New mental health and addiction agency being formed in restructuring of AHS

Article content

The province announced a new agency under the Ministry of Mental Health and Addiction Tuesday which will fully absorb duties currently under Alberta Health Services as part of a massive restructuring.

Advertisement 2

Article content

At a news conference, Premier Danielle Smith said the province will introduce legislation this spring to create a new governing organization, dubbed Recovery Alberta, to be the new provincial health agency responsible for delivering mental health and addiction services. Smith said the new system, if passed, will be implemented by July 1.

Article content

“For those currently accessing care through AHS addiction and mental health, you will continue to access services in the same way that you do now from front line staff working with AHS addiction and mental health,” Smith said. “I want you to know that we are working closely with the transition team at AHS to ensure the transition toward Recovery Alberta is orderly and seamless.”

Advertisement 3

Article content

The creation of the agency follows the November 2023 announcement by the Alberta government on the restructuring of AHS into four new organizations, acute care, continuing care, primary care and mental health and addiction. The mental health and addiction organization will be the first of the four to be established.

Kerry Bales, the current chief program officer for addiction and mental health and correction health services at AHS, will be leading Recovery Alberta as the CEO once it is established.

New research centre for mental health and addiction

In addition to Recovery Alberta, the province will be creating a second organization called the Canadian Centre of Recovery Excellence (CORE) which will be a Crown corporation under the mental health and addiction ministry through legislation.

Advertisement 4

Article content

Mental Health and Addiction Minister Dan Williams said the purpose of CORE will be to conduct research and program evaluations and provide advice to the province on best practices for mental health and addictions.

“Despite all provinces across Canada facing this addiction crisis, there is no clear centre of recovery excellence that is advising on what works and what does not. When it comes to treating mental health and addiction, it is important to have jurisdictions working together rowing in the same direction when it comes to creating healthy societies,” Williams said.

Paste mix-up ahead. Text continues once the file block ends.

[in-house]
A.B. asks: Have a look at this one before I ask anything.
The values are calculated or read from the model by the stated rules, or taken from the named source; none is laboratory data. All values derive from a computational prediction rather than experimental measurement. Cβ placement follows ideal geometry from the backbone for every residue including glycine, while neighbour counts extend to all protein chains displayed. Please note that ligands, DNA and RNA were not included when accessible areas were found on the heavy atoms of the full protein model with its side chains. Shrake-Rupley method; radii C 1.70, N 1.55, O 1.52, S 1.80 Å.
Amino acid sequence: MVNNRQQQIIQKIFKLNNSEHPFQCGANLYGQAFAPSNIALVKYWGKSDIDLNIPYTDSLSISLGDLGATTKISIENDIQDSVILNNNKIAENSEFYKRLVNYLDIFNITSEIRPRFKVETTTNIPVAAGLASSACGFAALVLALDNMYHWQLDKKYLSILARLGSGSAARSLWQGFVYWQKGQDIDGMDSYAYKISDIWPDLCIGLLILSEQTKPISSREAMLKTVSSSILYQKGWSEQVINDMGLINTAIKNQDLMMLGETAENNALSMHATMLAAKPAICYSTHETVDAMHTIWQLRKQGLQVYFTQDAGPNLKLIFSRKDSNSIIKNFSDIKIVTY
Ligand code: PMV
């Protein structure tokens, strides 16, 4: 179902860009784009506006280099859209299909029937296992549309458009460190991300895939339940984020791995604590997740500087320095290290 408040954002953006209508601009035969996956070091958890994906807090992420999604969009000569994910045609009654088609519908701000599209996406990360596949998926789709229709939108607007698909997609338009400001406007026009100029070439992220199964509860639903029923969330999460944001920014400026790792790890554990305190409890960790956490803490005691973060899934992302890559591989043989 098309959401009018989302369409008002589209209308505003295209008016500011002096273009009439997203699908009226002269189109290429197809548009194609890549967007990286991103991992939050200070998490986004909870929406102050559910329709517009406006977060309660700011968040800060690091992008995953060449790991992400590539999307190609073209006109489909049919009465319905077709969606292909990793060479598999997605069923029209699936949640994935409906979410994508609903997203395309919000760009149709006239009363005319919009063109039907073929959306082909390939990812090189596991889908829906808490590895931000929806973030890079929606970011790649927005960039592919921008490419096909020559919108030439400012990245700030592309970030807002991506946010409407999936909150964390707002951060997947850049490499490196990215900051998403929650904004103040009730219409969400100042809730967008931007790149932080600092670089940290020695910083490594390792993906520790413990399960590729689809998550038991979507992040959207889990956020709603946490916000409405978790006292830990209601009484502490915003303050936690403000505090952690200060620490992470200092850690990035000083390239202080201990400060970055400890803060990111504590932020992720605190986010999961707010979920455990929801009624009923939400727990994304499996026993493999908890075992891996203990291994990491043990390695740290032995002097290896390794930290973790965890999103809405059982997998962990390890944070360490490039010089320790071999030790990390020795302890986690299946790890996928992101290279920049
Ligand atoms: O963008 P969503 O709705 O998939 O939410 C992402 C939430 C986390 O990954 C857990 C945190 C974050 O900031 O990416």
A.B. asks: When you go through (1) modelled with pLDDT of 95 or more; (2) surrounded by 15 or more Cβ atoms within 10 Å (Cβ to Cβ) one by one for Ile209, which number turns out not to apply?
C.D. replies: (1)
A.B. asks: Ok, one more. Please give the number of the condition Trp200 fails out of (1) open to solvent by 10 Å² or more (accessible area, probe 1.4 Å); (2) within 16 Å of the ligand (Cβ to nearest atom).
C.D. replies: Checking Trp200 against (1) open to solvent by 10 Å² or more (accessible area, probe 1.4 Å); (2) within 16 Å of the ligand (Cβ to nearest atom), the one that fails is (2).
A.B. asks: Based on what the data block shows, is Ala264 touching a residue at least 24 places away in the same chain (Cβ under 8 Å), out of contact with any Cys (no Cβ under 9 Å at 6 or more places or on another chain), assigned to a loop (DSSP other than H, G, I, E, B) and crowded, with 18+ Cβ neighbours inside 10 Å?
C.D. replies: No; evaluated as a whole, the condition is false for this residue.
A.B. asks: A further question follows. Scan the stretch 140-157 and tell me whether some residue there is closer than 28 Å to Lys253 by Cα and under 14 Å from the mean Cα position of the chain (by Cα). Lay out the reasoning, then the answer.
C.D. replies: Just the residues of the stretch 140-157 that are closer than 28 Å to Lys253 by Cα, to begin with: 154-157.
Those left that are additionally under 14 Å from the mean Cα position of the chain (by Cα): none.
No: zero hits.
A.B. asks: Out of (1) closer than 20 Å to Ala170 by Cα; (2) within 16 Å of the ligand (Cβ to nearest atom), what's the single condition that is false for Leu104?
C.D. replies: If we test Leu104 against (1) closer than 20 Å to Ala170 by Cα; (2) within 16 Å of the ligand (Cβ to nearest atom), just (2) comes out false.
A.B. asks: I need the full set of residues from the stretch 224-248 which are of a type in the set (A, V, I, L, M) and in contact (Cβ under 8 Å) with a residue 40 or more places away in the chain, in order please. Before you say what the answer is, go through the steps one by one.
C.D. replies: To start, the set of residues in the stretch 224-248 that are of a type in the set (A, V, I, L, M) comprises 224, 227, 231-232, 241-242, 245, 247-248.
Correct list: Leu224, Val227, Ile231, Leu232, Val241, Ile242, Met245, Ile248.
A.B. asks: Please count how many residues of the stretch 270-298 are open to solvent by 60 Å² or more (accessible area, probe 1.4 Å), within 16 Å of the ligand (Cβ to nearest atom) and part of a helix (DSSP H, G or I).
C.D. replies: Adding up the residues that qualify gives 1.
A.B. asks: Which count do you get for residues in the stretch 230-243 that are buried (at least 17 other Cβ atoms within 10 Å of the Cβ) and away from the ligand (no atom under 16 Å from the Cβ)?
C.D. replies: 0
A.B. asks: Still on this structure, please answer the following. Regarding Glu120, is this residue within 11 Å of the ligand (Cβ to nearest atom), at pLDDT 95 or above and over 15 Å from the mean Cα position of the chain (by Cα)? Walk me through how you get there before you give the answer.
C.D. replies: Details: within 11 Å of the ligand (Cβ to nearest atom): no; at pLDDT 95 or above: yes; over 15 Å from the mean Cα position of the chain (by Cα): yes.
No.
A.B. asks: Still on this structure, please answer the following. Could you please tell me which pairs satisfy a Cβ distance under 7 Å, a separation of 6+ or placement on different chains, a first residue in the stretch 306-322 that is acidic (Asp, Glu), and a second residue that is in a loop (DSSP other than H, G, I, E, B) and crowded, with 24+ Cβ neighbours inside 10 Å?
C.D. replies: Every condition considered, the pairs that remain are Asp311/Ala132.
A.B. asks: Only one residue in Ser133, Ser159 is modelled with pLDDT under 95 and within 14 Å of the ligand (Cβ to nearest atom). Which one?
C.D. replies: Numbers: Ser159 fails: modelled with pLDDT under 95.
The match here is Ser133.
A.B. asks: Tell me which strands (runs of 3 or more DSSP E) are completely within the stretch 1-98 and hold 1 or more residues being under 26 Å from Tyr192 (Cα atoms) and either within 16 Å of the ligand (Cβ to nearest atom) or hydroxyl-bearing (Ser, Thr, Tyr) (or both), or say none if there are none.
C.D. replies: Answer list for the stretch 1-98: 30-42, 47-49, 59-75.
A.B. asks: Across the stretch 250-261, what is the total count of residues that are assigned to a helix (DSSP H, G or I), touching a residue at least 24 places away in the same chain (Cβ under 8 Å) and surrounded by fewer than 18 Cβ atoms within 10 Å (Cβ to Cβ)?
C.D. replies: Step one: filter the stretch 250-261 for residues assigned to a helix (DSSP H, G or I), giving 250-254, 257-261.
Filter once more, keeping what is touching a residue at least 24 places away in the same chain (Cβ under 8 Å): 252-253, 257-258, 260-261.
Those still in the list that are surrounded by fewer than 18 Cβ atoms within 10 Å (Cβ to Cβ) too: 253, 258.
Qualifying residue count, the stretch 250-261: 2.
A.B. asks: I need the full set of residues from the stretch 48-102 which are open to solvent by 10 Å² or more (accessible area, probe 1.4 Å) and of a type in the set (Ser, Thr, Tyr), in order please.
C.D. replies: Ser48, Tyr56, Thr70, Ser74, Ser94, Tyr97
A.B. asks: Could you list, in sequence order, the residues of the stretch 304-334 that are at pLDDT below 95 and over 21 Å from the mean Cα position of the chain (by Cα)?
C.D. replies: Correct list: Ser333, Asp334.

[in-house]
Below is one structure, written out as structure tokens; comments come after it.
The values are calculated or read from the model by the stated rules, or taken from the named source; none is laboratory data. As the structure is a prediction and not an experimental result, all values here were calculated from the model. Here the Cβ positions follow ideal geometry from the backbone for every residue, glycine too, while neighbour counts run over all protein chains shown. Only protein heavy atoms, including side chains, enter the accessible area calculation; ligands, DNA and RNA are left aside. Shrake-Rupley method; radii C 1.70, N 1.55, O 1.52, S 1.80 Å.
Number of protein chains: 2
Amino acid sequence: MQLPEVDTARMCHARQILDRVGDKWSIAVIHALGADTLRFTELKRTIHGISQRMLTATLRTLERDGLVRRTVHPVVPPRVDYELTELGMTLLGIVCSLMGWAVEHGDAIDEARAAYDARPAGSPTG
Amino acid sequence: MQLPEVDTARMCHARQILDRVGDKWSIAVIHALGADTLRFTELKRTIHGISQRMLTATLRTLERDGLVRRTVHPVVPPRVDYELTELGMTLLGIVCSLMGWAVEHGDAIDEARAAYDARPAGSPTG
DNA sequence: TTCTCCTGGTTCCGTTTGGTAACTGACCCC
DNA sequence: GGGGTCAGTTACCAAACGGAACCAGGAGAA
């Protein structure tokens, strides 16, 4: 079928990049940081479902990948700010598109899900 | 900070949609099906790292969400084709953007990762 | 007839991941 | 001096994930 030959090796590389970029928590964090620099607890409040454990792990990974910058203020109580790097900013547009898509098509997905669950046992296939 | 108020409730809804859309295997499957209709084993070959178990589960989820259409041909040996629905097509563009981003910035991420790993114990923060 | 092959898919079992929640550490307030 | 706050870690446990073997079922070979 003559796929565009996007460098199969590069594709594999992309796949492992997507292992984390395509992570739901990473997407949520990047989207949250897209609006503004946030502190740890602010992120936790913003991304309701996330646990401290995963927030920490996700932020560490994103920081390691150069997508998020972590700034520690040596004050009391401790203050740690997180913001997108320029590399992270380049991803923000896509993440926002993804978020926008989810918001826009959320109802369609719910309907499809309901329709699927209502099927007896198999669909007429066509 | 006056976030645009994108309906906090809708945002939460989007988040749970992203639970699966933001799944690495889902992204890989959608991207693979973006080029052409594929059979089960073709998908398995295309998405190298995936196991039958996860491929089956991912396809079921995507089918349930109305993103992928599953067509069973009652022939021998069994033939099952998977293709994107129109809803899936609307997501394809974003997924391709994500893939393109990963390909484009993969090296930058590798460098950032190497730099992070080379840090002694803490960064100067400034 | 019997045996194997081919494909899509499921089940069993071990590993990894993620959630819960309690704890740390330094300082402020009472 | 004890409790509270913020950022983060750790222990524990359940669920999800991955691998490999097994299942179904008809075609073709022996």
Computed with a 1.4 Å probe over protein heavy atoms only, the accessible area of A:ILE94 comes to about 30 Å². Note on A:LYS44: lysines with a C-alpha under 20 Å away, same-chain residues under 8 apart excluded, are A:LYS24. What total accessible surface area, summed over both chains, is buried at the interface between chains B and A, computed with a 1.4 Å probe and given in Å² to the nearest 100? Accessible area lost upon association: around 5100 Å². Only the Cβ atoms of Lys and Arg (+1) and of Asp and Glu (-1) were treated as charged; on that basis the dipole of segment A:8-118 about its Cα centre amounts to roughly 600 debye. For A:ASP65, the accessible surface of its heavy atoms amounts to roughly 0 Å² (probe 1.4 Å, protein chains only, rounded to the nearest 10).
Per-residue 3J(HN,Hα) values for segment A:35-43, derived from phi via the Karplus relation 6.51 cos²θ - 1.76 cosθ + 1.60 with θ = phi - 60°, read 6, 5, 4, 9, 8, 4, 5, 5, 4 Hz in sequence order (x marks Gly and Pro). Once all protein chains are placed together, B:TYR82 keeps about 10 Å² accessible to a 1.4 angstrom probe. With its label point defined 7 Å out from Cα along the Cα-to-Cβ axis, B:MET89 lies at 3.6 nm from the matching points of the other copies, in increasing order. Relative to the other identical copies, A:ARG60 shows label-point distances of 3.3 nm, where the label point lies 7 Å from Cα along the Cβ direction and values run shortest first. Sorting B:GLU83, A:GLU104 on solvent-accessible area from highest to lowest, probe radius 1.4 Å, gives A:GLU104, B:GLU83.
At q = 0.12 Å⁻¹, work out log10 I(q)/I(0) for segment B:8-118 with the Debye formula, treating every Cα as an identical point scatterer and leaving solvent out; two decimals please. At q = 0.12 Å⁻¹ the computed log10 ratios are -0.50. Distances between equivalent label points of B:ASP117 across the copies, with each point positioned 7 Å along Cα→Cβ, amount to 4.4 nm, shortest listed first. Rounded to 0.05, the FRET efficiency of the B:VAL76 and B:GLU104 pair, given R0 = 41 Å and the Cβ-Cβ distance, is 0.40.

Janet Eremenko, Alberta NDP critic for mental health and addiction, said her main concern when it comes to the announcement is the lack of discussion surrounding mental health. She acknowledged that while addictions is important, mental health is just as significant, especially coming out of the pandemic.

Advertisement 5

Article content

“I have really heard nothing about the mental health part of the file mental health and addiction. I’m significantly concerned that mental health will just continue to be forgotten while we’re in a point post-COVID of great insecurity and great concern around people’s mental health,” Eremenko said.

Eremenko raised concerns over the lack of consultation when it came to the restructuring of AHS and the lack of information given to front-line workers.

“My heart really does go out to the people who are working on the front lines who have been on this wait and see approach.”

Alberta’s substance related deaths reaches all-time high

Smith said “far fewer” Albertans have lost their lives to addiction in the province and “many drugs have their lowest mortality rate on record.”

Advertisement 6

Article content

According to data provided by the province, since 2021 — the highest year for substance-related deaths — deaths from alcohol are down 60 per cent, methamphetamine deaths are down 41 per cent and cocaine deaths are down 61 per cent.

While those numbers seem promising, 2023 is the province’s most deadly year for opioid-related deaths, even without the final numbers.

The province has surpassed its 2021 record of 1,634 opioid-related deaths with a new high in 2023 of 1,706. In November 2023 Alberta added 138 opioid-related deaths to its count.

“The vast majority of people struggling with addiction are not using opioids and in nearly every metric we’re seeing addiction related deaths at all time lows, which is a cause for optimism,” Smith said.

[email protected]

X: @kccindytran

Get the news and events of Fort McMurray Wood Buffalo in your inbox every Friday morning by signing up for our newsletter.

Article content